06/02/17 – President and General Manager Catch-Up; Education Collective meeting with Education Heads of School; USASA Board Meeting
07/02/17 – Interview Panel, USASA Student Representative Support Officer role; University Council Induction
08/02/17 – Neelu Sharma, CIL, USASA Presentation; Alison Brown, USASA Education Collective
09/02/17 – KPI meeting – Han Nguyen
10/02/17 – UniSA Online Communications Workshop; UniSA Staff Forum
13/02/17 – O’Week Briefing Session; KPI meeting with Monamee Ishika; Meeting with Karen Hunt from Equity Office; KPI meeting with Ryan Kennealy; KPI meeting with Natansh Modi
14/02/17 – Meeting with Alison Brown, Business Student Hub; UniSA Education Action Group Meeting; State Education Action Group Meeting
17/02/17 – Meeting with Nadia Rajic, UniSA Well-Being Manager and Angela from Yarrow Place about UniSA Sexual Harassment policies and procedures; Media Training
18/02/17 – President and Vice-President planning meeting; Postering for National Day of Action at City West and Magill
19/02/17 – Postering for National Day of Action at City East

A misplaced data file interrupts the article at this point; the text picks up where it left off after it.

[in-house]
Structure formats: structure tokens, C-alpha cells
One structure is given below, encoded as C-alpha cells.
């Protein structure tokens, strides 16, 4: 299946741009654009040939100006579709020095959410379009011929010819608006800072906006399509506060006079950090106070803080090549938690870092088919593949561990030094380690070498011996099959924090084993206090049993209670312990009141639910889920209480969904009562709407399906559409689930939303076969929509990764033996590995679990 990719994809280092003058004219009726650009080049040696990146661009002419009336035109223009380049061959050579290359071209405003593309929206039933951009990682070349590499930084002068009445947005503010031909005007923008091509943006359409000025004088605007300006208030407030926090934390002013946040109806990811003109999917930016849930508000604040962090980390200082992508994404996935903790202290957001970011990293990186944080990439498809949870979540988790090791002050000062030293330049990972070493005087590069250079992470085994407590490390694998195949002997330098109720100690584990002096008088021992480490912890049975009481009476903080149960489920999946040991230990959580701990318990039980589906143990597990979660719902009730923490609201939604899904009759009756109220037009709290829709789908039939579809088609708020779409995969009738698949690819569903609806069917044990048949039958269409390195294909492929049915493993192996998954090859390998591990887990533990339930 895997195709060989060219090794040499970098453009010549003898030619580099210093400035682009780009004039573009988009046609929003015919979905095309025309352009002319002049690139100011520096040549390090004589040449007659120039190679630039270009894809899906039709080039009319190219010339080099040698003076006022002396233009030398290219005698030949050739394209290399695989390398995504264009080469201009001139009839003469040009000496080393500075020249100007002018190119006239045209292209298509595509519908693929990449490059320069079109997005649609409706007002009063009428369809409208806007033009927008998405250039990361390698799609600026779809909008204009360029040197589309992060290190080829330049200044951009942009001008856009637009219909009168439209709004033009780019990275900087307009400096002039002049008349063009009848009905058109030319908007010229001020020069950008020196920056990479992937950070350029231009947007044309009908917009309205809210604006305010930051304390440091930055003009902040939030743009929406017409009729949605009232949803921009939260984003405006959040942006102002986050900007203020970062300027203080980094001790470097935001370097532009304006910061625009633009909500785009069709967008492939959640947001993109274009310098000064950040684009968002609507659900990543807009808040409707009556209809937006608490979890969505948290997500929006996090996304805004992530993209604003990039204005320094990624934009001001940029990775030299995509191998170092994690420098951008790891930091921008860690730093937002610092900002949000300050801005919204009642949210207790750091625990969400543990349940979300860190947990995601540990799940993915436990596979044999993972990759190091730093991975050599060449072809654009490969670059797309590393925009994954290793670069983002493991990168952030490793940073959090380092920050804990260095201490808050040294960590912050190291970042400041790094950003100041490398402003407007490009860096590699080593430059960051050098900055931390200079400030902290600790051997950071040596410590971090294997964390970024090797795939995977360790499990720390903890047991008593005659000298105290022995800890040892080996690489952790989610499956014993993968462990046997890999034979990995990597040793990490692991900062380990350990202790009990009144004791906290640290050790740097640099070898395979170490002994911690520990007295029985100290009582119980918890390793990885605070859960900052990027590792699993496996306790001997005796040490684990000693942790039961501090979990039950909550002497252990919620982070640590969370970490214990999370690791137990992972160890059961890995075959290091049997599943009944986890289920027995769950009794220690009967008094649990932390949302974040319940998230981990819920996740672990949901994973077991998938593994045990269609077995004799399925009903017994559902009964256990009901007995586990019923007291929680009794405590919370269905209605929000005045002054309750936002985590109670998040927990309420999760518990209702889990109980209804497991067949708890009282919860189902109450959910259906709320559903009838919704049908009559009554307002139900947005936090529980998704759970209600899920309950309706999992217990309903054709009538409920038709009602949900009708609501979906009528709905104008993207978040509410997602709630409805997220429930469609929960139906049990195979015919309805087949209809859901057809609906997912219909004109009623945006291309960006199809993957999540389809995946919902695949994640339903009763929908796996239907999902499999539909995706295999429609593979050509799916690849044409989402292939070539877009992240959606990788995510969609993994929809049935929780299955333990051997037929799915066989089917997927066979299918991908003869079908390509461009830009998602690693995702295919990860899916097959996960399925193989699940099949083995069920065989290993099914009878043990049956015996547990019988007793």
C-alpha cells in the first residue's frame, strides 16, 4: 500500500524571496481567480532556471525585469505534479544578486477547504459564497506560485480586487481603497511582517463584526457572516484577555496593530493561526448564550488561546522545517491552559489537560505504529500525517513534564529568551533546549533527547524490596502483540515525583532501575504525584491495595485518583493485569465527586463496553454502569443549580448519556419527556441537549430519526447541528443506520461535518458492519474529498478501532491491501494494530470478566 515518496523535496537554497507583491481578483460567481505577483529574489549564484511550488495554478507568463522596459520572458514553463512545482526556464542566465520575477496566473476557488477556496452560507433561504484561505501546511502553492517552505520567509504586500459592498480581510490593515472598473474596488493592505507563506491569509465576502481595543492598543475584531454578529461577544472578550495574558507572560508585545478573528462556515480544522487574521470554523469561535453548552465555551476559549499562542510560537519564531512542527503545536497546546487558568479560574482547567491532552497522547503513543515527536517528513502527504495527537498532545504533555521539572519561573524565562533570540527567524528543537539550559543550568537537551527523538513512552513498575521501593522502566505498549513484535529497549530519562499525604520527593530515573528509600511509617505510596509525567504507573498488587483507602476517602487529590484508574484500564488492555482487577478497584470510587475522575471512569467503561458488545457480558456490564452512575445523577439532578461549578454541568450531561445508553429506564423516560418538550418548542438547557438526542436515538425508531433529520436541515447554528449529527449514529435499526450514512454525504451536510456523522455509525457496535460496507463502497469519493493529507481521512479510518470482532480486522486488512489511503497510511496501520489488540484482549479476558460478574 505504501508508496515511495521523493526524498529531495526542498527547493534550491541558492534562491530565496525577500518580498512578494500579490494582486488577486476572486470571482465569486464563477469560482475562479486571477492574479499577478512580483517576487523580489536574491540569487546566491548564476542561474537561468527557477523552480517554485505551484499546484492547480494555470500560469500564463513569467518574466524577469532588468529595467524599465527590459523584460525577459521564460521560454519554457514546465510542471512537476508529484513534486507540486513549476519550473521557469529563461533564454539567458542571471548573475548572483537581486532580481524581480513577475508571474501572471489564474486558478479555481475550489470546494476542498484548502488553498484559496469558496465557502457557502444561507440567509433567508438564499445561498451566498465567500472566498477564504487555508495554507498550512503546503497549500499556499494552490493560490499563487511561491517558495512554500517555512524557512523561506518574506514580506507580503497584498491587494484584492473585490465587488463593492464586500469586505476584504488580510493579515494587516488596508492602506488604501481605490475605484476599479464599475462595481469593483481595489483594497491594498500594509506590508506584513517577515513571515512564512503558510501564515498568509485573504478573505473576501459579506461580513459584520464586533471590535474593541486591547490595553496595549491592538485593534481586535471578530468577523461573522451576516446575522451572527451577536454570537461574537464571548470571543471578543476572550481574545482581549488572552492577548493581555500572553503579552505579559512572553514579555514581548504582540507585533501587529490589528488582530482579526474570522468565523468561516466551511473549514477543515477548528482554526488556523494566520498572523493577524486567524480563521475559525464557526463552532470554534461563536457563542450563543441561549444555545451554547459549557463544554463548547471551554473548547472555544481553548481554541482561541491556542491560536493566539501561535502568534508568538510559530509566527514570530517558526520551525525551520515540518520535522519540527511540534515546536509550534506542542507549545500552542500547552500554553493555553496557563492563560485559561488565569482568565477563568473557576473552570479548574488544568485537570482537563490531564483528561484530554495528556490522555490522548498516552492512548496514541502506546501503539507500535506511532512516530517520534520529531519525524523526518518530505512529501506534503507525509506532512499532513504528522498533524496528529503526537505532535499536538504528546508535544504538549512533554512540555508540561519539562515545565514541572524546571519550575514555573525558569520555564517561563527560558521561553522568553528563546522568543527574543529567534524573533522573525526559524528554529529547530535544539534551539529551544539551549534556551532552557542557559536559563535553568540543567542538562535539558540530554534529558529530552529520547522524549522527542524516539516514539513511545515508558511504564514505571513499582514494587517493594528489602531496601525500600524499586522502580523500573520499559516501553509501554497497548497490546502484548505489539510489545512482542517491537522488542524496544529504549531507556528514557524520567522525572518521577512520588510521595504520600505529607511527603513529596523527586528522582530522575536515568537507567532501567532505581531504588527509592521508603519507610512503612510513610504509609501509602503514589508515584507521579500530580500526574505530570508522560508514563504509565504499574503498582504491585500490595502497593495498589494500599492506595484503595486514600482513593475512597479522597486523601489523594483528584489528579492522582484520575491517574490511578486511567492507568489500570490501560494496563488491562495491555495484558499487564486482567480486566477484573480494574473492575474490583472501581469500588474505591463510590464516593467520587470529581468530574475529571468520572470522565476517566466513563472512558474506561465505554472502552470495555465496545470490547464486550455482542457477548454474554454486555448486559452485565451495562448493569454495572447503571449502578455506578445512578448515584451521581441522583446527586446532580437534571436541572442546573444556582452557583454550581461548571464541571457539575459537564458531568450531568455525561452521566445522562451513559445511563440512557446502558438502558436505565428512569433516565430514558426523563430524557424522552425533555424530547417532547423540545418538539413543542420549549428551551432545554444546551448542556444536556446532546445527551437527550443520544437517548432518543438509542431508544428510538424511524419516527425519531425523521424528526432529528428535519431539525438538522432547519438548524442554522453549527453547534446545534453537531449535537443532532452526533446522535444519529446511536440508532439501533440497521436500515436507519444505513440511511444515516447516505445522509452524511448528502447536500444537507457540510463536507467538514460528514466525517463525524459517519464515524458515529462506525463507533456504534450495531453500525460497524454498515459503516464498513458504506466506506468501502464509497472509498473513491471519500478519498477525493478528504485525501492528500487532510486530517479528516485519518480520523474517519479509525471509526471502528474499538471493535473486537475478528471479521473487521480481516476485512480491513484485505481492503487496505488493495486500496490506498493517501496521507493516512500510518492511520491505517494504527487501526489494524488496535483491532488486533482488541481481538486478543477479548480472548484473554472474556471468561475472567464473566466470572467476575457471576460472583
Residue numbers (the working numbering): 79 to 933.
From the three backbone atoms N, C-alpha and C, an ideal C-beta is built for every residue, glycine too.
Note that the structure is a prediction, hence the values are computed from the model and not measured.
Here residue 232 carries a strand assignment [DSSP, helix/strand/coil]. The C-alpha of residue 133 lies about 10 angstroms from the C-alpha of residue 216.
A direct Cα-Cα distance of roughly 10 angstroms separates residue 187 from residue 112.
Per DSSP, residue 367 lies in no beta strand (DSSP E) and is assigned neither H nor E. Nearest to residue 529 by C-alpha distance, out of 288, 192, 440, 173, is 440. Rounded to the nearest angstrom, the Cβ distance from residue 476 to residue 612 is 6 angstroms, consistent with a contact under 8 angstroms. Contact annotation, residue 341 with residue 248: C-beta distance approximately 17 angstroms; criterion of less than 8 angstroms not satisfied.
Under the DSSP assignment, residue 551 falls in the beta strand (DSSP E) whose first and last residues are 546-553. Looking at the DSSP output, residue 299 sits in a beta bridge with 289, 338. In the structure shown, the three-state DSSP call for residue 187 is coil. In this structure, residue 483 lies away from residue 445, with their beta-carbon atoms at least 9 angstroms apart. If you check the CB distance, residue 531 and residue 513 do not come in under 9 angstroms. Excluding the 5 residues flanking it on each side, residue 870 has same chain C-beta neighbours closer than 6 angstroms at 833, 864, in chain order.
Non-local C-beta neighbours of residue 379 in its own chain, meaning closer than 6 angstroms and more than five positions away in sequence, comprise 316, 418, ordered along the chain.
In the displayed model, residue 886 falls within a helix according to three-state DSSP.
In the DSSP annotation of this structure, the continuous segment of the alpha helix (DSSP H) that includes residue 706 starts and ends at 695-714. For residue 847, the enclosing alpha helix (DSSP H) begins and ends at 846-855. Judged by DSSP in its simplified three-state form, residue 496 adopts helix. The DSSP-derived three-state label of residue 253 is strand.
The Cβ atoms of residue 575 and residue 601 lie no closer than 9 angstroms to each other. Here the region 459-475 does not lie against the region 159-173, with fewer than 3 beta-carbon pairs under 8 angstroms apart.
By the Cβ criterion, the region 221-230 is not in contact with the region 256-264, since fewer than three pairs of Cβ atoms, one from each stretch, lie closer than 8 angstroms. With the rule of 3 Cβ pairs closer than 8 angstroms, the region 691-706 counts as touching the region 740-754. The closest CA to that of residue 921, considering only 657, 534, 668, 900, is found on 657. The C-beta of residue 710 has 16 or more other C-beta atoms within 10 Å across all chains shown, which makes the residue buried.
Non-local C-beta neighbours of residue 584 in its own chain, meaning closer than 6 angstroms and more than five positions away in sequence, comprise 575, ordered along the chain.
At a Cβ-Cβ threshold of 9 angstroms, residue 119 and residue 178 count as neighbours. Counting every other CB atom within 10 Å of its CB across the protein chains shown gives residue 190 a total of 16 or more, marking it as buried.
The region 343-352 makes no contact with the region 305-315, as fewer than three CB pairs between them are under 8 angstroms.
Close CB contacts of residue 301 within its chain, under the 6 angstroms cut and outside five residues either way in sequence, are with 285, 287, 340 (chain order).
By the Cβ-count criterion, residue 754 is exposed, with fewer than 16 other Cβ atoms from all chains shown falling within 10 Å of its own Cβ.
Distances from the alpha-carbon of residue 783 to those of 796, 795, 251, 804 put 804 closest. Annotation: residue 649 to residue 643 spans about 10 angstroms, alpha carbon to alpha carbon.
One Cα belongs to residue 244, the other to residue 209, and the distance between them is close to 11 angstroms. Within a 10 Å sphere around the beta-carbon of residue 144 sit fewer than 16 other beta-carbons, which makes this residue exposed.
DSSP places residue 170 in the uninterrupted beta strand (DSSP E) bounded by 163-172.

20/02/17 – International Orientation Day, City West campus; postering for National Day of Action at Mawson Lakes
21/02/17 – Mawson Lakes Orientation Day
22/02/17 – Magill Orientation Day
23/02/17 – City West Orientation Day; National Union of Students’ Stall; University Council Strategic Planning Day; University Council meeting
24/02/17 – City East Orientation Day; Academic Board meeting
28/02/17 – USASA Presentation to Property Lecture Students; USASA Education Collective presentation to Student Leadership Group in the Nursing School City East C4-41; USASA Presentation to Journalism students; USASA Presentation to Arts students; KPI meeting with Louise Kyriaki
Planned activity – March
01/03/17 – Whyalla Welcome Party
02/03/17 – National Day of Action BBQ at Magill; City West Welcome Party
03/03/17 – USASA Presentation to Economics students
06/03/17 – Governance and Legislation Committee Meeting; Women’s Committee Meeting; Governance Committee Meeting; USASA Student Board
07/03/17 – City West ClubsFest; University Council
08/03/17 – International Women’s Day Breakfast; Formal Inquiry
09/03/17 – Magill ClubsFest; Finance Committee meeting
10/03/17 – Warehouse Party Committee Meeting
15/03/17 – Mawson Lakes ClubsFest
16/03/17 – City East ClubsFest; University Council Meeting
17/03/17 – UniSA Sexual Harassment Policies Working Group Meeting
22/03/17 – National Day of Action
- Events and Marketing Committee Meeting
- International Sub-Committee Meeting
- Clubs Committee Meeting
- KPI Meeting with Jordan Mumford
- KPI Meeting with Izik Nehow
- KPI Meeting with Kemal Brkic
- KPI Meeting with Julie Baum